How to safely remove asbestos
The way to safely remove asbestos is to engage the professionals.
If you think you need to replace materials with asbestos in the house, it’s best to engage a licensed contractor or specialist first. These people will be able to recommend the best course of action - whether it is better to leave the material alone, repair it by sealing the potential problem, or (in the most extreme occasion) removing it themselves.
Again, don’t attempt removal of suspected asbestos on your own. Engage a licensed local contractor, or talk to your local environmental health contractor for the best advice in the process.
Disclosure of asbestos to buyers
It’s absolutely essential that you get your house properly asbestos surveyed from a health and safety executive to discover all the potential sources of asbestos in the home. Once that’s done, either get the problem fixed (if necessary) or be sure to inform the buyer of its presence.
If you don’t disclose that there is asbestos within the household, you could be held liable for the omission and the cost to repair the problem.
Problems with asbestos and selling
As just stated, the presence of asbestos brings up some naturally-scary thoughts when it comes to the selling process - nobody likes the word.
However, it may not be as massive of a problem, and it’s really not that uncommon. A great chunk of properties contain it, it may not even harm the asking price (in the end), and may not need to be removed at all.
So don’t panic!
Evaluate what you have to do, keep the buyer in the loop, and you’ll probably be a-okay when it comes time to sell.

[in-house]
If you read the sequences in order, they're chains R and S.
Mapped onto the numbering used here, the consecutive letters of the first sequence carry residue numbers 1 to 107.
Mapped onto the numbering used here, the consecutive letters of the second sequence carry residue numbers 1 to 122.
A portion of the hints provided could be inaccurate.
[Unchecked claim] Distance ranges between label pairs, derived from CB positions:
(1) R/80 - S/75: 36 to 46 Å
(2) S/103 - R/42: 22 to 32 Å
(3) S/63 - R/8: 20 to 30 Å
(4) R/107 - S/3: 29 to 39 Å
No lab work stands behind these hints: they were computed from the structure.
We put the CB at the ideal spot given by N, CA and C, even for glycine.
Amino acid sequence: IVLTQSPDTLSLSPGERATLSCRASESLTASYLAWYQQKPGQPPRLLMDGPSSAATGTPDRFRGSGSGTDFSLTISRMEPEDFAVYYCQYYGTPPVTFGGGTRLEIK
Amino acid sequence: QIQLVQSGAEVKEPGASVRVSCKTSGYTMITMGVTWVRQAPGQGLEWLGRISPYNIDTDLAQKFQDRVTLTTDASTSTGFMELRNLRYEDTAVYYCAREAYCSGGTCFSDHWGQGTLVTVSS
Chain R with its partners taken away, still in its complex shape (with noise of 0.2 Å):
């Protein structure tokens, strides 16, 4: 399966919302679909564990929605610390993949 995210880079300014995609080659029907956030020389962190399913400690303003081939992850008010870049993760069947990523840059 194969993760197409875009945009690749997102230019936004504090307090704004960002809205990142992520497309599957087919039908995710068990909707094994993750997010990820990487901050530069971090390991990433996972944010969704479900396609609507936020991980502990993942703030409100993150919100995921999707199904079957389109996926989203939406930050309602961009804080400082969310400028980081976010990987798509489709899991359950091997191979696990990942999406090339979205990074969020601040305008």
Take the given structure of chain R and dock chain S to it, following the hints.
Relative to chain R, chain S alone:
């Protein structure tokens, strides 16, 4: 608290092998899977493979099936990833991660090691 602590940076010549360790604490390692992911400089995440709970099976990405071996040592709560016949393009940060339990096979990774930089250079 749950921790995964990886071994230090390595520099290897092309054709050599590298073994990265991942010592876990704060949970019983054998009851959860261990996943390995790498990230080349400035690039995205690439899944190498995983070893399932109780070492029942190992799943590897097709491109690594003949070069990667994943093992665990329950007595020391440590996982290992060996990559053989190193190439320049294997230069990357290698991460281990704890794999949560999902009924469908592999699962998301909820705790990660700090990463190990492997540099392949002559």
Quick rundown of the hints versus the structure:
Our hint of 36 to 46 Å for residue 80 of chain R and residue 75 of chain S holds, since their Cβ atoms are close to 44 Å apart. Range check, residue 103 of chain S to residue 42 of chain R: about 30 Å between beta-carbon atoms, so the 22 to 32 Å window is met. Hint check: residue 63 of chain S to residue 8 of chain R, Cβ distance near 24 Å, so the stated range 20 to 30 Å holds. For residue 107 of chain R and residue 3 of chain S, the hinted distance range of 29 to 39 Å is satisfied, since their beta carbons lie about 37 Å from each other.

Looking for an easier way of selling a home with asbestos?
If you don't want to go to the time, effort and expense of bringing in the professionals, and if you're worried that it might take a long time to find a buyer because of the issues, we may be a great option for you. This is because we buy any house (even ones with serious asbestos problems). We can make you an offer within 2-3 days, and then complete the sale in as little as 2-3 weeks. It's a smooth, seamless sale - meaning you can walk away from the problem and leave it to us to sort.
Follow that link above to learn more about our service. Or alternatively, hit one of those big blue "Get An Offer" buttons and enter your details. Our team will be in touch and we can talk you through our service. It's free and there's no obligation - so getting in touch can't hurt if you're looking for a smooth house sale, in spite of the asbestos that's present.